Later on during my trip, I visited with Sen. Tom Daschle, who no longer serves in the Senate, but sure should still be there. Though there is nothing to be gained by him in meeting with me, and my station in life certainly does not compare with his, he never fails to make me feel welcome to speak my mind and heart. He was the first person in Congress ever to hear me out on health care crisis – and he applauds my ever-expanding activism.
But my activism is not the only political passion expanding for health care reform in the weeks following the release of 'SiCKO.' Americans are gathering in many locations throughout the nation to plan post-'SiCKO' action.
Labels: Code Pink, Donna Smith, House Judiciary, PDA, PNHP, ROOT, SiCKO, the Access Project, Tony Benn
Wednesday, July 11, 2007 6:04 PM
By Larry Smith, American 'SiCKO'
In recent weeks, I have grown weary of listening to one group of health care reform naysayers in particular. I can handle all the goofs who see 'SiCKO' and just don't quite get it yet. Most of the time that's the young folks who haven't gotten sick or needed to use their insurance yet. I forgive their youthfulness and that sense of immortality.
The people who annoy me are those who haven't even seen the movie and who recoil when asked if they have. Some are religious zealots who think Michael Moore is a communist, America-hating fellow. I don't know where they get that sort of thinking, but most of what they say sounds sort of pre-programmed or scripted. It scares me a little. Brainwashed people are not free people.
But then I think back to a quote I read long ago by a British philosopher, Herbert Spencer, (OK, so I didn't know he was a philosopher until Donna told me so -- she looks up stuff like that just to make sure I'm not quoting something wrong). His thoughts go something like this, "There is a principle which is a bar against all information, which is proof against all arguments and which can not fail to keep a man in everlasting ignorance -- that principle is contempt prior to investigation."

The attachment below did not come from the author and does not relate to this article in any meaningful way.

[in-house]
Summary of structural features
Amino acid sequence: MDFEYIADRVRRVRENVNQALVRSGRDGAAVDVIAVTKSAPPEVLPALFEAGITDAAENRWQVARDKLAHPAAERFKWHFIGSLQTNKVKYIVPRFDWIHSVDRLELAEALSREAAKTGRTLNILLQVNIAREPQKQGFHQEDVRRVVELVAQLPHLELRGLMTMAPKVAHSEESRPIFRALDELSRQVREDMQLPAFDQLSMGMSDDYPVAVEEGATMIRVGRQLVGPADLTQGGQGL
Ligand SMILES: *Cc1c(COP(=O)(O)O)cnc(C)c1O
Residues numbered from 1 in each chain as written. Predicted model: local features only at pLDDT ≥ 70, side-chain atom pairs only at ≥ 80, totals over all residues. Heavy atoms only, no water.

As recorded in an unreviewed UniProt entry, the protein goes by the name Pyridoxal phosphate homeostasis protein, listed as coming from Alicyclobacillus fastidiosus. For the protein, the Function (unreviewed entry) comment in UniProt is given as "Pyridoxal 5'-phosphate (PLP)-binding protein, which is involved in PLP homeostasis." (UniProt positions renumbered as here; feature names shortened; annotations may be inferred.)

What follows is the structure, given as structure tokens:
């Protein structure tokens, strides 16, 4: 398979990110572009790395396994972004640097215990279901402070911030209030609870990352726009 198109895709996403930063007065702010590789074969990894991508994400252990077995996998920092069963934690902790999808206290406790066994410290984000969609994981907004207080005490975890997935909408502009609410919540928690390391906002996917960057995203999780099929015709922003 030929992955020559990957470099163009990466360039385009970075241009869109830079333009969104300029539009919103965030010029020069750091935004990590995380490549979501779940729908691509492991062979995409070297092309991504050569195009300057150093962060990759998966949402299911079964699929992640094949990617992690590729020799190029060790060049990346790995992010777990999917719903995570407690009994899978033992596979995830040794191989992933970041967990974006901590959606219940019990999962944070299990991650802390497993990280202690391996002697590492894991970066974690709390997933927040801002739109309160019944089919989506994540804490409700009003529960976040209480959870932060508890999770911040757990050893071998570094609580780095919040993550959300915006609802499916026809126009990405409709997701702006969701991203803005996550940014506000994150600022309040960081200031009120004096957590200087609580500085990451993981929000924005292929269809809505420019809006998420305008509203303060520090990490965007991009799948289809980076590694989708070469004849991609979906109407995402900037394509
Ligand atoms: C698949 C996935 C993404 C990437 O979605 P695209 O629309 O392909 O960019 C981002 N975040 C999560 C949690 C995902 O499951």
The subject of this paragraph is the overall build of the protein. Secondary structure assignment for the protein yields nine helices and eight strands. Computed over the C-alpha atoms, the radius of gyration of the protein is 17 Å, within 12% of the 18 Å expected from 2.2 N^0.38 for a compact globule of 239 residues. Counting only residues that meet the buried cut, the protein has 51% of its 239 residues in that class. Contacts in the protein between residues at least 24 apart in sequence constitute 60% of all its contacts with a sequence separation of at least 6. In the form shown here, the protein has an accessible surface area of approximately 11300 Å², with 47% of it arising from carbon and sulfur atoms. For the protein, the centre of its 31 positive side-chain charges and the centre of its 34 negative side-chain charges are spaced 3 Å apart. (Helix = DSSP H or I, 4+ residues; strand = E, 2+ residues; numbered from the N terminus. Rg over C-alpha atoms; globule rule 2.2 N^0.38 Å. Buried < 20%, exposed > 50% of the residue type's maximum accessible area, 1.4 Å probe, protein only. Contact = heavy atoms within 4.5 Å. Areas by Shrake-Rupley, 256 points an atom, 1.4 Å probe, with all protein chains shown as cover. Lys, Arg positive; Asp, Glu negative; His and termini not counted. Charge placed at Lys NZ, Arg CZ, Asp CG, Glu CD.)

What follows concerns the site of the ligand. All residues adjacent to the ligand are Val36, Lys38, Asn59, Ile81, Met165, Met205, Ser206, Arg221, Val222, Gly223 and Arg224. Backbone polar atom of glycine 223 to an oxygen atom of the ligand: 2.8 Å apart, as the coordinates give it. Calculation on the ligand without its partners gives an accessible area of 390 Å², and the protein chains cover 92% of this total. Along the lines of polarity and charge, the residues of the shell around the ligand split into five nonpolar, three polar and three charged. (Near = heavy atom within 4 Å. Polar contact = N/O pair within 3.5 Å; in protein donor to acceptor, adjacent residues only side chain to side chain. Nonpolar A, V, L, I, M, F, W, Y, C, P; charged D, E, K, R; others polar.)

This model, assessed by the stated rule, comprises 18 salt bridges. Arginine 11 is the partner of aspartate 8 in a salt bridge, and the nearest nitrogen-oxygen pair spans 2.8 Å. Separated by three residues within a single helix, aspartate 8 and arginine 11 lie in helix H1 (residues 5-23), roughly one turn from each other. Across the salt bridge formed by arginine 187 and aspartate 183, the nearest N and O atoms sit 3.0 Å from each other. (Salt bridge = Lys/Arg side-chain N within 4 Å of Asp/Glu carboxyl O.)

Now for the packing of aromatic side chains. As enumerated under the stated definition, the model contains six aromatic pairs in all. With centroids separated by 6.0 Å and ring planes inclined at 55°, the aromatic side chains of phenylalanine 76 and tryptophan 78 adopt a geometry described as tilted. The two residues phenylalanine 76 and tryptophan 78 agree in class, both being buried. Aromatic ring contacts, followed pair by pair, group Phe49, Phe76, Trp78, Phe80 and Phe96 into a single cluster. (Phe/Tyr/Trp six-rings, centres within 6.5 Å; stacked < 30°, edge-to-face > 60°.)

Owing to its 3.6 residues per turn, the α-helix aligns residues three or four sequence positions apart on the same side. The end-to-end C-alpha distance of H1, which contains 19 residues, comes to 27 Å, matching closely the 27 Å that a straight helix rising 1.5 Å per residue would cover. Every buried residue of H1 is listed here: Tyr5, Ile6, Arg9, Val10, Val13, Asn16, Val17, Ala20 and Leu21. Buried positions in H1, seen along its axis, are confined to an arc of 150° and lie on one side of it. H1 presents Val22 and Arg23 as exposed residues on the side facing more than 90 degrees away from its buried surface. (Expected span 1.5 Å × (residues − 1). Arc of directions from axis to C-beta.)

So, go see the film and then talk to me about it. You won't catch something from all the universal health care supporters in the theater, you know. And you might just learn a little.
Labels: British philosopher, Larry Smith, SiCKO
Friday, July 6, 2007 4:16 PM
By 9/11 first responder John Feal, founder of the FealGood Foundation
NEW YORK -- A pen in my hands could make some difference in the lives around me, and I work through the FealGood Foundation to make sure the documents I sign relieve some of the suffering of my fellow 9/11 responders. If I could, I would use my pen as you used yours last week. I would save my buddies.
In commuting the prison sentence of your friend Scooter, you said you believed the sentence imposed was too severe. Boy, can I relate.
When I look at the life sentences imposed on 9/11 responders suffering with acute illness, financial and emotional ruin and nearly six long years of neglect by their city, state and federal government leaders, I fill with rage and frustration. You've seen some of us in 'SiCKO,' so I know you are aware of our plight. My pen can only relieve tiny bits of their suffering. Yours could lift much more.
In an instant, Mr. President, you could use your mighty pen to affirm the faith you put in all of us in the hours, days, weeks and months after 9/11 to be what you called heroes and send a message to the world that Americans stand together in the face of threat.
With one stroke, you could issue and sign an executive order that would open clinic and hospital doors to 9/11 responders who are ill and without life-saving medical care.
Do you understand the betrayal of trust and confidence we feel? Just as Scooter took the hit for others in your circle of friends, my brothers and sisters took the dust and debris, the shock and the danger, the toxins and the smoke for everyone in America as we worked at ground zero so long ago.
We need you to feel for us – the folks you called out as heroes – the same passion and compassion that made you reach for your pen for Scooter. We need your help and we need it now. We have served a long sentence already. We have been punished for our actions on 9/11. We do not understand exactly what the crimes were in rushing in to help, nor do we understand how you can turn your back on us still. We were there with you. We believed what you told us. We trusted you with our lives.